However, as Bitwise Asset Management’s vice president of research and development, Matt Hougan, explained, non-correlation is not equivalent to inverse correlation. As such, simply because the cryptocurrency market experienced a bear market at a similar time the stock market fell significantly, it is premature to claim that the two markets are correlated in any way.
“Non-correlation is not the same as inverse correlation so there’s no guarantee that when the market goes down, crypto will go up. Over the long term, we think the fundamental drivers of crypto are different from the fundamental driver of equities and other assets, and we would expect the low correlation to persist,” Hougan stated.
A large correction in the cryptocurrency market was widely expected amongst a relatively big portion of investors in the industry because of the magnitude of the bull rally of cryptocurrencies in late 2018.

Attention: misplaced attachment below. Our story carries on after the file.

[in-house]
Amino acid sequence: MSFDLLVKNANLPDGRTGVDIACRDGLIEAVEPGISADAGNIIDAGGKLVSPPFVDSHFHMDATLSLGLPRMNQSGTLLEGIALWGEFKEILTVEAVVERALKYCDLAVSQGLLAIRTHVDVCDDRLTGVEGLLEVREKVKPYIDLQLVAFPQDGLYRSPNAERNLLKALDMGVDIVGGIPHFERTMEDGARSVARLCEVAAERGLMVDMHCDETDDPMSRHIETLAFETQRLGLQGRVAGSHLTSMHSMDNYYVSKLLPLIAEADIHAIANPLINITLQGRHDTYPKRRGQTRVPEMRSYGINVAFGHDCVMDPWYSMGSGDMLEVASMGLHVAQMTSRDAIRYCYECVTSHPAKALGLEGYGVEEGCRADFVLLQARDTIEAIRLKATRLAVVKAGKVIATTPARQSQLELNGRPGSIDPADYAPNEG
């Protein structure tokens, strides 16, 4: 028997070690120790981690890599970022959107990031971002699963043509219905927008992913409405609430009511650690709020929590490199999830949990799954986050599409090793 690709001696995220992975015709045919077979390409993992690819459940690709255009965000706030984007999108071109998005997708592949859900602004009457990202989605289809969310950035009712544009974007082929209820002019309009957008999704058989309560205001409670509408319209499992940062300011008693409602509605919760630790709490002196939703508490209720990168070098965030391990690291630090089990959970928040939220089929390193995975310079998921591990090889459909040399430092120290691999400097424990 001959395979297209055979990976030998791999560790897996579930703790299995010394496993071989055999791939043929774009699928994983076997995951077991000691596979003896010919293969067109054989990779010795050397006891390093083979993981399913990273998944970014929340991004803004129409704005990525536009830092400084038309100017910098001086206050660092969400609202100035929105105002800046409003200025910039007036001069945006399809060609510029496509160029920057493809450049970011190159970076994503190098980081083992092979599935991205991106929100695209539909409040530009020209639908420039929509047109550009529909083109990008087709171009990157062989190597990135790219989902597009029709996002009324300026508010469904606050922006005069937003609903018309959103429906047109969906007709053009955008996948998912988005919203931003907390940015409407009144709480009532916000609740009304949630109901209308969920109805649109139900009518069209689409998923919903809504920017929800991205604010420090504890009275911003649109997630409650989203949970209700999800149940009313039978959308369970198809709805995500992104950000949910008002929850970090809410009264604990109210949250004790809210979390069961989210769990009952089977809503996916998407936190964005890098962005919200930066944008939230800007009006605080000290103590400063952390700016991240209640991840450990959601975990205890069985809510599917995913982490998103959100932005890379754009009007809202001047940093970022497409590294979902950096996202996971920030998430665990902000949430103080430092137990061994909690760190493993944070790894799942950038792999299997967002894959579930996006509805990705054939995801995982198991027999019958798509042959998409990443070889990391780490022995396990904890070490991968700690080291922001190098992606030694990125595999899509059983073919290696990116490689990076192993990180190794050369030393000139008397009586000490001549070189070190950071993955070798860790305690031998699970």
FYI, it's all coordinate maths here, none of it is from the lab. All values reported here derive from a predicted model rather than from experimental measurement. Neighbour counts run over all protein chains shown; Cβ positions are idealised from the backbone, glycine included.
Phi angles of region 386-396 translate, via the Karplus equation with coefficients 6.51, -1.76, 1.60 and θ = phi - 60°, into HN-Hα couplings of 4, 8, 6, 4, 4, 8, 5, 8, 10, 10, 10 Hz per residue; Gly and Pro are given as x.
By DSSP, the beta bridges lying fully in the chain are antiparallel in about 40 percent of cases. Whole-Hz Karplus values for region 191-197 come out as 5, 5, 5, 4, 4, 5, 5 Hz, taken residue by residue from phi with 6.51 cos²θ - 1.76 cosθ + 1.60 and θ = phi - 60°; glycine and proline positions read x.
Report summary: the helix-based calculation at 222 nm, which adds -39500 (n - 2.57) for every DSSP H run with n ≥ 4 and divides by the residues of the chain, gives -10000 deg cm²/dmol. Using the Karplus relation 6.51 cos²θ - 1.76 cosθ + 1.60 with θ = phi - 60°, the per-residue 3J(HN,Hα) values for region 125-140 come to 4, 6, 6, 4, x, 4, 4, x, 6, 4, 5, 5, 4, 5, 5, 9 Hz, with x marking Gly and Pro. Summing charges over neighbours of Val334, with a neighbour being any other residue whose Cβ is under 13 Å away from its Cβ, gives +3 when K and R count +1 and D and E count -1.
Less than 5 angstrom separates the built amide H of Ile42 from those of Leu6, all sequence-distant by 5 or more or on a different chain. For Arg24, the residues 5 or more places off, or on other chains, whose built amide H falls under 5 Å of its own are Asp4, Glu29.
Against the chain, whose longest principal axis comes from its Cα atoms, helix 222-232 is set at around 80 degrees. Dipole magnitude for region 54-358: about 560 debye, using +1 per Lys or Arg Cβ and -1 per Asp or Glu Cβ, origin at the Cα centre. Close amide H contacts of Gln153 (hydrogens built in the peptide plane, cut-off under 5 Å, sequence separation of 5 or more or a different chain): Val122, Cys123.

In major markets like South Korea and Japan, the price of Bitcoin demonstrated premiums in the range of 10 to 30 percent. When the value of the dominant cryptocurrency reached an all-time high at $19,500, it surpassed $23,000 in South Korea.
Similarly, throughout 2017, the U.S. stock market experienced one of its greatest bull markets in recent years. From January of last year to February of 2018, the Dow Jones surged from 19,762 to 26,616 points, by over 34.6 percent.
In contrast, Dow Jones recorded yearly gains of around 10 to 12 percent on average in previous years. In 2016, Dow Jones actually recorded a yearly loss of 2.28 percent.